In the ancient world of Egypt, cartouche hieroglyphics were used to form an oval plaque representing the birth name of pharaohs, queens and other persons of high standing. A line was placed at the end of the oval, indicating the royal stature of the person whose name it represented.
Egyptian pharaohs typically had five names, one which was bestowed upon them at birth and another four names that were not given until they took the throne. The final four names were bestowed upon the king to officially commemorate his transformation from a mortal to a deity. The birth name of the pharaoh seems to have remained very prominent in the pharaoh's life. It was the birth name that was primarily used in the cartouche and the name by which the pharaoh was most commonly known.
Cartouche hieroglyphics were not introduced into Egyptian society until the Fourth Dynasty, when they were instituted by King Snerfu. The Egyptians did not refer to these ancient Egyptian hieroglyphics as cartouche, this name was given to the royal nameplates by Napoleon's soldiers. Instead, the Egyptians called the oblong plaque shenu.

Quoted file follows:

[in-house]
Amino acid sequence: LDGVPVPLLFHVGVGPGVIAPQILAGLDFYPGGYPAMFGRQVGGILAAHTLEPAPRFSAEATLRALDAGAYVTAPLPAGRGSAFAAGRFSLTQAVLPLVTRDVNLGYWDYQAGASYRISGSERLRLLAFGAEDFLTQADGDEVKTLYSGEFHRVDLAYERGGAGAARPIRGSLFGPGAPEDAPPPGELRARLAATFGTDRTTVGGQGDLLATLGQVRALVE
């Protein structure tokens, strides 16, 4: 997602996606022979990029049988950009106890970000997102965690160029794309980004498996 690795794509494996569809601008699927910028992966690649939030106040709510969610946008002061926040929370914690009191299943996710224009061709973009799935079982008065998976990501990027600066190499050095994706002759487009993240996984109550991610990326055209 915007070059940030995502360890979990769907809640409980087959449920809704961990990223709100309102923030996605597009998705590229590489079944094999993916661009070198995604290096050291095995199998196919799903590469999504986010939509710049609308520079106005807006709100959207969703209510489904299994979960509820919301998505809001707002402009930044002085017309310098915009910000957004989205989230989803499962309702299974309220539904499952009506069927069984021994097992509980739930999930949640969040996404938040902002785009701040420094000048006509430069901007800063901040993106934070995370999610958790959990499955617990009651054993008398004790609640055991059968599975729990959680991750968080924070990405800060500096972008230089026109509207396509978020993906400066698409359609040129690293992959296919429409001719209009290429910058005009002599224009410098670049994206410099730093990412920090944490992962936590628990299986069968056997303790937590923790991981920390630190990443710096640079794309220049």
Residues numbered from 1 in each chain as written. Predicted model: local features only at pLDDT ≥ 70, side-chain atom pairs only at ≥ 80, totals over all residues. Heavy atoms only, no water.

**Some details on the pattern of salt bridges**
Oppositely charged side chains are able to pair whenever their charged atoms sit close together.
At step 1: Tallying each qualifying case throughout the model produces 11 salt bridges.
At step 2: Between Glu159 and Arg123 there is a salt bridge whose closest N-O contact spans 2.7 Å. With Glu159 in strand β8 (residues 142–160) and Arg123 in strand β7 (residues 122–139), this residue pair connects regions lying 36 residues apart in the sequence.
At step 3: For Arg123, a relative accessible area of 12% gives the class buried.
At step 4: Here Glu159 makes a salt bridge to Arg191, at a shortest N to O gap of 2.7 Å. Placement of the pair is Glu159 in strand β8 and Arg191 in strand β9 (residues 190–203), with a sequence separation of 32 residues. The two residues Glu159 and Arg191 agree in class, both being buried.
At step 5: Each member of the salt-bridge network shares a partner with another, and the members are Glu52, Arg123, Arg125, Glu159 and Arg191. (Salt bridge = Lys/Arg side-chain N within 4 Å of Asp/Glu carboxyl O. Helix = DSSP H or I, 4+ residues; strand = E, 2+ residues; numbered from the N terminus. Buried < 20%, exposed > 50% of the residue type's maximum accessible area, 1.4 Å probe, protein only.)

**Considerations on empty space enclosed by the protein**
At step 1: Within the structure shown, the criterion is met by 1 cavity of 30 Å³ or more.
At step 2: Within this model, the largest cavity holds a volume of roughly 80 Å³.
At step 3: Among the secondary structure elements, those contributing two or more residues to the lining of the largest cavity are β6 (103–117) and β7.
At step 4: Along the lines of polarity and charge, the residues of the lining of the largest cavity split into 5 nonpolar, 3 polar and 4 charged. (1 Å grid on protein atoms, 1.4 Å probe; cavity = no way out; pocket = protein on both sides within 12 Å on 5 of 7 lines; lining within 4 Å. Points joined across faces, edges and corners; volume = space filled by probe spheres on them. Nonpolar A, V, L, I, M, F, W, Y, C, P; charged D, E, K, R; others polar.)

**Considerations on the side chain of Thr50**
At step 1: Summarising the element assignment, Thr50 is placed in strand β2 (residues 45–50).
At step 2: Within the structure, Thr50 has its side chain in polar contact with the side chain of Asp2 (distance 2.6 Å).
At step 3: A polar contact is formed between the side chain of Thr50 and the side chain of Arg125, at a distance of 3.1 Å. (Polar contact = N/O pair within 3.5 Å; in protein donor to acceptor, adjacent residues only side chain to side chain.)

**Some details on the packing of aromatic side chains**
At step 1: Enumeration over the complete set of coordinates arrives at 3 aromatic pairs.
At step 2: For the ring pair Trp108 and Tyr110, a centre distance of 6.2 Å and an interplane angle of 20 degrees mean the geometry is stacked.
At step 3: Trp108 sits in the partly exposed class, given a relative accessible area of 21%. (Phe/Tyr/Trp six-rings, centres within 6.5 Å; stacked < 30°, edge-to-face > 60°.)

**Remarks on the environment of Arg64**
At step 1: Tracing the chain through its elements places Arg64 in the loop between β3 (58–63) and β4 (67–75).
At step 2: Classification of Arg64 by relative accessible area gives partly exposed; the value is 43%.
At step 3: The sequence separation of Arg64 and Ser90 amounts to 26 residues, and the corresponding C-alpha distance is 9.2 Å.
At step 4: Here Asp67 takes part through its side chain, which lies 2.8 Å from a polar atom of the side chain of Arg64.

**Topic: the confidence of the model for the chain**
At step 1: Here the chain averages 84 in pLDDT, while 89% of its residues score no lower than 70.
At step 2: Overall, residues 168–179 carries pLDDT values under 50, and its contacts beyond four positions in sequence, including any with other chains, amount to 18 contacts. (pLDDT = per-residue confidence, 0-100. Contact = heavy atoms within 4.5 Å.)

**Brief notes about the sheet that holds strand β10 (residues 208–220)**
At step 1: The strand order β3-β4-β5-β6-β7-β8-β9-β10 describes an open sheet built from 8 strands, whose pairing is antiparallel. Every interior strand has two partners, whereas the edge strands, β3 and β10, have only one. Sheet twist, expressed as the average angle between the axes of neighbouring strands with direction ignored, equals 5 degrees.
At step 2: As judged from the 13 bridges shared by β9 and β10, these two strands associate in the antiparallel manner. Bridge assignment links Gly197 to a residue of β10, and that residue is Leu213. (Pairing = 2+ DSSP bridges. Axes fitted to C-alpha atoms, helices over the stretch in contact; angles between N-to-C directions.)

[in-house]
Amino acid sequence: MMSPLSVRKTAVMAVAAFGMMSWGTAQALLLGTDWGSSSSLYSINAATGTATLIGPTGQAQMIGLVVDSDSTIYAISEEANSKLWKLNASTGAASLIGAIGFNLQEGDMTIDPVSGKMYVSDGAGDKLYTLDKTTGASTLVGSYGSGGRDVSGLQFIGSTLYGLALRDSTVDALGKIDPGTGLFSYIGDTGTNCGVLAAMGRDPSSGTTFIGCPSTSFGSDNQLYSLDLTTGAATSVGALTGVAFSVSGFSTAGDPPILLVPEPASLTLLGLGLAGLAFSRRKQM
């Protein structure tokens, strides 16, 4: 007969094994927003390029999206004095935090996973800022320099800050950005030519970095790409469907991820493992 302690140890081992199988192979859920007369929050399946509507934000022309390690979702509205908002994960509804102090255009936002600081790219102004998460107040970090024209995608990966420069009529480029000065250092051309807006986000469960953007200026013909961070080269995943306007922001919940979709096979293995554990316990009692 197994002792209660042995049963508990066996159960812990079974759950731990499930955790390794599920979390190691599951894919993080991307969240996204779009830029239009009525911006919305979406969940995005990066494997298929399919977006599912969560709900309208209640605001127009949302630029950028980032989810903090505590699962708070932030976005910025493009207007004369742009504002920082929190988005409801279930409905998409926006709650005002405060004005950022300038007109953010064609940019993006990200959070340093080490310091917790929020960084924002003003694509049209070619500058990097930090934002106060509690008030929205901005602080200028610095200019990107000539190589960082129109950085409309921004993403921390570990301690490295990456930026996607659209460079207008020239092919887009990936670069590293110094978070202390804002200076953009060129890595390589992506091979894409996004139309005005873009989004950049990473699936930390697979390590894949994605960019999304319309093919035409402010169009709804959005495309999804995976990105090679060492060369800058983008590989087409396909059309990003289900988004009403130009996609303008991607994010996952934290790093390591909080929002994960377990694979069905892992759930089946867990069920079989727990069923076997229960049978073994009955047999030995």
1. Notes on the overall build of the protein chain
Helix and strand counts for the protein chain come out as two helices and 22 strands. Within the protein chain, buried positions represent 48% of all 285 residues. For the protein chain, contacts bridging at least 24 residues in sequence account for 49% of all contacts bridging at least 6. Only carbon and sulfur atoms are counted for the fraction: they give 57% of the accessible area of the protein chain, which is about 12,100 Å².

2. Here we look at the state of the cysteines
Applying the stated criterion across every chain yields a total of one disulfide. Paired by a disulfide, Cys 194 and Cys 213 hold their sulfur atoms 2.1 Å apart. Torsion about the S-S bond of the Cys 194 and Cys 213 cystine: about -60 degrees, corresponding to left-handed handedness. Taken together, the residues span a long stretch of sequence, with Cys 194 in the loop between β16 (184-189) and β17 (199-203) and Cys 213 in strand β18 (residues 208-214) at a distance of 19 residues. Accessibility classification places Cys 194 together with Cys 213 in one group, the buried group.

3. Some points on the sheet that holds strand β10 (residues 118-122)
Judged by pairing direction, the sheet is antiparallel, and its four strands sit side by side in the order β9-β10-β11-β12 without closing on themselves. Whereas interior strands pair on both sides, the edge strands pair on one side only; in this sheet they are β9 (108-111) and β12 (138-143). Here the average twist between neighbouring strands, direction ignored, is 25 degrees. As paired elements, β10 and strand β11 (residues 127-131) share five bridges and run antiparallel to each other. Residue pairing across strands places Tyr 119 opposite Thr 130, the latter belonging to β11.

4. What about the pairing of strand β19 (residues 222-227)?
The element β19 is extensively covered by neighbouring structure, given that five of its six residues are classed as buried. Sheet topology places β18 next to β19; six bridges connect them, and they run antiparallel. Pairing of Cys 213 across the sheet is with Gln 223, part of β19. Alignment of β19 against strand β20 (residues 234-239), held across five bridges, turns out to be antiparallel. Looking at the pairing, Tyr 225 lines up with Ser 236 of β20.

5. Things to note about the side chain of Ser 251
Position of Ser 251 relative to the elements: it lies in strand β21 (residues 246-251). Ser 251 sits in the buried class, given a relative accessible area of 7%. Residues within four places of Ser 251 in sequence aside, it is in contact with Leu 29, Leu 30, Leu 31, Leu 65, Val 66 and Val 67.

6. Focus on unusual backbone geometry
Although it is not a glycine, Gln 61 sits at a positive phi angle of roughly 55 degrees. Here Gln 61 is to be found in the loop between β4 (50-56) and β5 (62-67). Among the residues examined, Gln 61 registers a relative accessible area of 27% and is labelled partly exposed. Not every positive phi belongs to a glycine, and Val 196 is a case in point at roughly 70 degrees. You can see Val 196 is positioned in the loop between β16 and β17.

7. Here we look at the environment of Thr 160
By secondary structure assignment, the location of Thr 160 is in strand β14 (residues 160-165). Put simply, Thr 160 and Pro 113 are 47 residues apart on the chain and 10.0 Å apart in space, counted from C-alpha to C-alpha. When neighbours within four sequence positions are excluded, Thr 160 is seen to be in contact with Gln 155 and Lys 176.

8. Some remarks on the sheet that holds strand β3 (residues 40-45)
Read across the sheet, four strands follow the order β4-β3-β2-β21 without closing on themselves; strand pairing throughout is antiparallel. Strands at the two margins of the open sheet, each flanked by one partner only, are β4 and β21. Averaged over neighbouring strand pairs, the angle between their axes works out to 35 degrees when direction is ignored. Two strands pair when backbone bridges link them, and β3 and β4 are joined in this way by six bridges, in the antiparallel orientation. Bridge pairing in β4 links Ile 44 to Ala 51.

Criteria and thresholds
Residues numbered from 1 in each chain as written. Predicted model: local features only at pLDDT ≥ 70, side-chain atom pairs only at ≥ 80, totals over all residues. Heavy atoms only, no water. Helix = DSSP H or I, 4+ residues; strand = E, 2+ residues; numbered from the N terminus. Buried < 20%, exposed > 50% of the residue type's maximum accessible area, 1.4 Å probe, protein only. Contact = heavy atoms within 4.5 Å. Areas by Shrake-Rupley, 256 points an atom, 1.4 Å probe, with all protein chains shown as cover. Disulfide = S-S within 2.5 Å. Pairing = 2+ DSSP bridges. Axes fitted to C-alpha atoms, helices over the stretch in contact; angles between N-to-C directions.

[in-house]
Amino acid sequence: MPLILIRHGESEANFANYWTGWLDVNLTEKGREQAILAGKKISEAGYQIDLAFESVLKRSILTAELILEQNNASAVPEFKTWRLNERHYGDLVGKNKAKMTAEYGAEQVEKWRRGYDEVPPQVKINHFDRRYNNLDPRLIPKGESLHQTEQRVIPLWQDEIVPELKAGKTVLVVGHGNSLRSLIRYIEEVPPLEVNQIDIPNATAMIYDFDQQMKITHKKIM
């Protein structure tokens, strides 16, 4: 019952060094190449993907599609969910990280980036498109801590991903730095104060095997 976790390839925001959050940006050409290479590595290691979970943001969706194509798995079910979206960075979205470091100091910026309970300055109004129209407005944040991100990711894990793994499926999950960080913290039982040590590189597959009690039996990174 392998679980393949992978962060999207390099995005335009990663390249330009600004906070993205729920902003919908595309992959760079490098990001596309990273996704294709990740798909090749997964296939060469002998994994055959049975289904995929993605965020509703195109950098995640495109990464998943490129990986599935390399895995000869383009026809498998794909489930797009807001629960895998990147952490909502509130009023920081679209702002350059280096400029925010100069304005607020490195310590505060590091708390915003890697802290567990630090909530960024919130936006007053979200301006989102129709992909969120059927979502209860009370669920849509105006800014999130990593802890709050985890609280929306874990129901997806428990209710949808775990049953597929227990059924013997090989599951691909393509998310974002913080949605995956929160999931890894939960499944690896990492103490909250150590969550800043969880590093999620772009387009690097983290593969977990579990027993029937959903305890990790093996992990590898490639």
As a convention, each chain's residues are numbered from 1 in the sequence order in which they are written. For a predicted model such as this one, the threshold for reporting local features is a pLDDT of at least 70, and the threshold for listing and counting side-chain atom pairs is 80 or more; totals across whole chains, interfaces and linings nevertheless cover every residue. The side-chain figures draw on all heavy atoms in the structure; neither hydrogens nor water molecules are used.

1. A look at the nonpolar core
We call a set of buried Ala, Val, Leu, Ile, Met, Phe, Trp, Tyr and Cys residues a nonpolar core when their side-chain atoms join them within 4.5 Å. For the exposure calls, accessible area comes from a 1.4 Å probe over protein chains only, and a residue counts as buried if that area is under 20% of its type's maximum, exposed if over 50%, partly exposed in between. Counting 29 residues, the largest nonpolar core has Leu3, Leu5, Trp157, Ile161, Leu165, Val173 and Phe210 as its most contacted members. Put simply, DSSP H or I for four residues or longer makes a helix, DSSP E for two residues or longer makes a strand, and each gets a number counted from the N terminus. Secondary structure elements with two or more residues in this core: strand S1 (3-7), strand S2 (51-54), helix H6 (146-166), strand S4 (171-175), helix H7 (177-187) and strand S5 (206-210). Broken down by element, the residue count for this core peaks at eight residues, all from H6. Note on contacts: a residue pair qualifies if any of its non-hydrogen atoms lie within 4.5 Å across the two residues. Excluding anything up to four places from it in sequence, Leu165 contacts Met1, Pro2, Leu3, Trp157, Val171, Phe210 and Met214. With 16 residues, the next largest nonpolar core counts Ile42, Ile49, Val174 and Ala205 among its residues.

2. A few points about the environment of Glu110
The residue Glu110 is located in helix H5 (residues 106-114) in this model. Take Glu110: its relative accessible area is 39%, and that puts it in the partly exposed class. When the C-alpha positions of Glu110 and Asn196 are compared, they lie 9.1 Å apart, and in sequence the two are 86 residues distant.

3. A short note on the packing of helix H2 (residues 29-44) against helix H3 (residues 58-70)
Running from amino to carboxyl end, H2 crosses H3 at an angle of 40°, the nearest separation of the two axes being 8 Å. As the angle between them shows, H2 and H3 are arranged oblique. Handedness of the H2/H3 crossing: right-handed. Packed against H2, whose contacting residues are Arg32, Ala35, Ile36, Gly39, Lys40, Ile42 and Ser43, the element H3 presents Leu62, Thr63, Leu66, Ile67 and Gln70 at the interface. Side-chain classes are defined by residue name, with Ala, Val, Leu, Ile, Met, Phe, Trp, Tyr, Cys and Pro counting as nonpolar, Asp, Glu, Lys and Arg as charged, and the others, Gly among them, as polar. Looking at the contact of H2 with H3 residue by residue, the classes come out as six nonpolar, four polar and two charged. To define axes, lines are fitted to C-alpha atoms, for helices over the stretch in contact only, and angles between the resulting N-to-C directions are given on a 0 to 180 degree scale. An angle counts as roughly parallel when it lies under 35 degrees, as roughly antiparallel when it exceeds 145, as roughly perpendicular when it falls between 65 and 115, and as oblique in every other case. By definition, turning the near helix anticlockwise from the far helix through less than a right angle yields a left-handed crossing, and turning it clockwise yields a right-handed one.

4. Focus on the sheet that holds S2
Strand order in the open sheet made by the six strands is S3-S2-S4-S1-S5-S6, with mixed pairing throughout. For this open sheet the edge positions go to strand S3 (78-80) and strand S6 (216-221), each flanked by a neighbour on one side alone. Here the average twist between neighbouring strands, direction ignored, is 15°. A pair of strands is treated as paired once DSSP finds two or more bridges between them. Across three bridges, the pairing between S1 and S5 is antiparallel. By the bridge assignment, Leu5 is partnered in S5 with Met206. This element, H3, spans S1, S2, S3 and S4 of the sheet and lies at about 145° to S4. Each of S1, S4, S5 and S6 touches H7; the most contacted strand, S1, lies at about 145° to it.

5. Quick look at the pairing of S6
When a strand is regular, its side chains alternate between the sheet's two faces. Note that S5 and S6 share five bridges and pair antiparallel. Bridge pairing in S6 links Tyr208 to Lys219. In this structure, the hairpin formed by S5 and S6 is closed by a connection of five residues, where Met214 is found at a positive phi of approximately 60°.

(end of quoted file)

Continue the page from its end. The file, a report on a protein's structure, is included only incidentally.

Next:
Prior to the introduction of the cartouche, the serekh was used to signify Egyptian royalty. The serekh was used from the earliest dates of the Egyptian kingdoms and almost always ancient Egyptian symbols referencing the god Horus, who was thought to be the protector of the king, his palace and all its inhabitants.
The Importance of Hieroglyphics and Cartouche
It was believed that this type of nameplate, consisting of an oval encircling Egyptian symbols, would protect the person or site where it was placed. Archeologists have discovered that it was quite customary to place cartouche hieroglyphics upon tombs of ancient Egyptian royalty. This custom has greatly facilitated the identification of tombs and the mummies that lie within.
The Rosetta Stone
One of the most famous discoveries containing cartouche hieroglyphics is the Rosetta Stone, which was discovered in 1799. The Rosetta Stone is dedicated to Ptolemy V and also contains the king's cartouche. This discovery proved to be historically important because it helped to unlock the key to translating ancient Egyptian hieroglyphics.
Due to the protective qualities thought to be contained within cartouche hieroglyphics, jewelry was also often engraved with these Egyptian hieroglyphics. Jewelry with hieroglyphics and cartouche remain in demand today.